Several days ago, I was looking for something in the CAA library and came across a book I didn’t even know we had: a 1912 reprint of Margaret Van Horn Dwight’s diary, which she kept during her 1810 journey from New Haven, Connecticut, to Warren, Ohio. She had addressed the diary entries to her cousin Elizabeth, and then sent the entire diary to her once she’d reached Ohio.

I’d like to share a bit of it here, as it relates to travel and roads of the era.

From an entry labeled “Friday night — Allegany Mtn” (mid-November, after the party had been on the road for several weeks):

“After a comfortable nights rest, we set out on foot to reach the height of the mtn — It rain’d fast for a long time, & at length began snowing– We found the roads bad past description, — worse than you can possibly imagine– Large stones & deep mud holes every step of the way– We were oblig’d to walk as much as we possibly could, as the horses could scarcely stir the waggon the mud was so deep & the stones so large– It has grown so cold that I fear we shall all perish tomorrow– We suffer’d with cold excessively, to day–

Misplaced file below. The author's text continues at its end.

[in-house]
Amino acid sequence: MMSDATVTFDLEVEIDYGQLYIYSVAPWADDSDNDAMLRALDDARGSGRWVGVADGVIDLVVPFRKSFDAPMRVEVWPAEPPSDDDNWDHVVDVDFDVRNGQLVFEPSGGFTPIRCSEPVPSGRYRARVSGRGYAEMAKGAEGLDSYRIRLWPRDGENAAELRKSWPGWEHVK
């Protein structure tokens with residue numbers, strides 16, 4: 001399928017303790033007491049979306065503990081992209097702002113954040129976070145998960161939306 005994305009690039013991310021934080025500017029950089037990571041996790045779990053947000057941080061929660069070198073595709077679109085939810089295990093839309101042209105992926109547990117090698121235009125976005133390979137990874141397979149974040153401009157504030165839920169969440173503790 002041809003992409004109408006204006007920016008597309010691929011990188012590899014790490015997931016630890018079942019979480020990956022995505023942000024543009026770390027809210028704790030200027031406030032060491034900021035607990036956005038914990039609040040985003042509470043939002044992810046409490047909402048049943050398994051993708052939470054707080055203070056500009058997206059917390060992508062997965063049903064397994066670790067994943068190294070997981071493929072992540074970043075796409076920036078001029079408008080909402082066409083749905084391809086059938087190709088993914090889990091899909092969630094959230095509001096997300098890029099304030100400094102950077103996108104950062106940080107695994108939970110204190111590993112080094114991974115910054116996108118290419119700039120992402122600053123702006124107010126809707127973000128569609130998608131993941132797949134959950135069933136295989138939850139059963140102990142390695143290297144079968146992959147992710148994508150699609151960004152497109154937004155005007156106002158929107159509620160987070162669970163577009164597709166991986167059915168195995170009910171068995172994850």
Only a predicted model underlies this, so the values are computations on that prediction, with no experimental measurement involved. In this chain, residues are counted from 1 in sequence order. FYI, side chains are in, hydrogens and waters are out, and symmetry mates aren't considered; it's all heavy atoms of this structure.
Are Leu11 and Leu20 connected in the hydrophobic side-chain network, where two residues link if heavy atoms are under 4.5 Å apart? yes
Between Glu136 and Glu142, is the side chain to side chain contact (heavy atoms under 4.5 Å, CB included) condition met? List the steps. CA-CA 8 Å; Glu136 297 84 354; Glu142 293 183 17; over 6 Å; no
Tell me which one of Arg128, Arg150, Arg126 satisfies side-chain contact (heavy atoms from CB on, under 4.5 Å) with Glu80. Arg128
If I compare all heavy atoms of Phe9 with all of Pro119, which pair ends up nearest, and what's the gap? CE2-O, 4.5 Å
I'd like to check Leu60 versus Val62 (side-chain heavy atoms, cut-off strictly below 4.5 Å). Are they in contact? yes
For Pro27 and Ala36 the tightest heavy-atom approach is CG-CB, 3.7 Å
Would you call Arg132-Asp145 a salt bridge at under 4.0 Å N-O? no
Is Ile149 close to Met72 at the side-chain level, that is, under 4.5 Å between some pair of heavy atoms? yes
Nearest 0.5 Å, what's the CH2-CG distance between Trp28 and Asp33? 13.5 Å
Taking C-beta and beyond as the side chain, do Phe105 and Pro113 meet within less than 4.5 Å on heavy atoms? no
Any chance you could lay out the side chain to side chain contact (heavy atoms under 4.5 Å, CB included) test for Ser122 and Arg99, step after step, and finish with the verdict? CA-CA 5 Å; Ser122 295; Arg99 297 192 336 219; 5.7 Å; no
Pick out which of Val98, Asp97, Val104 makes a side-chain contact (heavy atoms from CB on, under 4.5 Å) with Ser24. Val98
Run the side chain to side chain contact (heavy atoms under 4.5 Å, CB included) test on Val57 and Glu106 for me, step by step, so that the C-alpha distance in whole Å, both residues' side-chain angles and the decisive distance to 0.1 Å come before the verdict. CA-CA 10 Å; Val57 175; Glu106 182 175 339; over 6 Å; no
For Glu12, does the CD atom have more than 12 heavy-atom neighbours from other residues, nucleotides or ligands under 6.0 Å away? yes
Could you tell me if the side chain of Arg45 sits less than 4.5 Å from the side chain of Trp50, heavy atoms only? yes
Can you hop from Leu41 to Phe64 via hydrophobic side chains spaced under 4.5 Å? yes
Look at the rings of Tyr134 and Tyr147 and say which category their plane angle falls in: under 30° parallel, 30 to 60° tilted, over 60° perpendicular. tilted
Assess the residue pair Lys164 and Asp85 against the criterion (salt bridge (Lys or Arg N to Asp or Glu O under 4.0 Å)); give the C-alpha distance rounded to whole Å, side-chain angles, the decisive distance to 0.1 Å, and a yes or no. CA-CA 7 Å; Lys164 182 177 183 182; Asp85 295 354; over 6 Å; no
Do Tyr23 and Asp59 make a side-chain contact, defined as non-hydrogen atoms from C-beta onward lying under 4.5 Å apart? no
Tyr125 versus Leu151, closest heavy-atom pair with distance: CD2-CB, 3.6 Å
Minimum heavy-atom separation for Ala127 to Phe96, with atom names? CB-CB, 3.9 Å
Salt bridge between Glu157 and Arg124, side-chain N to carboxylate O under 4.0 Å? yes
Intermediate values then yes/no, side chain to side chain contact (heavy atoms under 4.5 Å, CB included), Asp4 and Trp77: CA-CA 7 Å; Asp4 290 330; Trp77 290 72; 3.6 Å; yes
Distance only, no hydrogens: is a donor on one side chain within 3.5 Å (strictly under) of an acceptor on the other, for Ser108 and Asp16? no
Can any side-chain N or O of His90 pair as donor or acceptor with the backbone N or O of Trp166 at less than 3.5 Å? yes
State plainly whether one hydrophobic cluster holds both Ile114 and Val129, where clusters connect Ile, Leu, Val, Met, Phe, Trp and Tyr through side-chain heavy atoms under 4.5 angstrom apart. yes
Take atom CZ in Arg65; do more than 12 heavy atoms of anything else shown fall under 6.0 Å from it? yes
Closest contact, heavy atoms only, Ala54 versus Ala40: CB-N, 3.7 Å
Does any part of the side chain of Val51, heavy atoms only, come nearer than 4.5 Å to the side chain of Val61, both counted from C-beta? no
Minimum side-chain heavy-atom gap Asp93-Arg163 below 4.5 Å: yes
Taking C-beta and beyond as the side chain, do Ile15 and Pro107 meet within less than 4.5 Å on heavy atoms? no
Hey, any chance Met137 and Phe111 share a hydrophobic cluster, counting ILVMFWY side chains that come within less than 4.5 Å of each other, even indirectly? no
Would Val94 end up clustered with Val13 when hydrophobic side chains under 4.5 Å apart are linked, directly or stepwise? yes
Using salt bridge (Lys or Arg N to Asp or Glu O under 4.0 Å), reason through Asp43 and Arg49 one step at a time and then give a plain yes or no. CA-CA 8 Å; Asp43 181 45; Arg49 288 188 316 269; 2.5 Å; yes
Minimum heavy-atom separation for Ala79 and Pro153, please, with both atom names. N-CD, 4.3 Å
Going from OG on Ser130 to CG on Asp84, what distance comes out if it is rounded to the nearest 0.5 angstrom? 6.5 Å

“From what I have seen and heard, I think the State of Ohio will be well fill’d before winter,– Waggons without number, every day go on– One went on containing forty people– We almost every day, see them with 18 or 20– one stopt here to night with 21– We are at a baker’s, near a tavern which is fill’d with movers* & waggoners.”**

* = those moving west with their families

** = those hired by movers to transport them, or those ferrying goods toward Pittsburgh and Ohio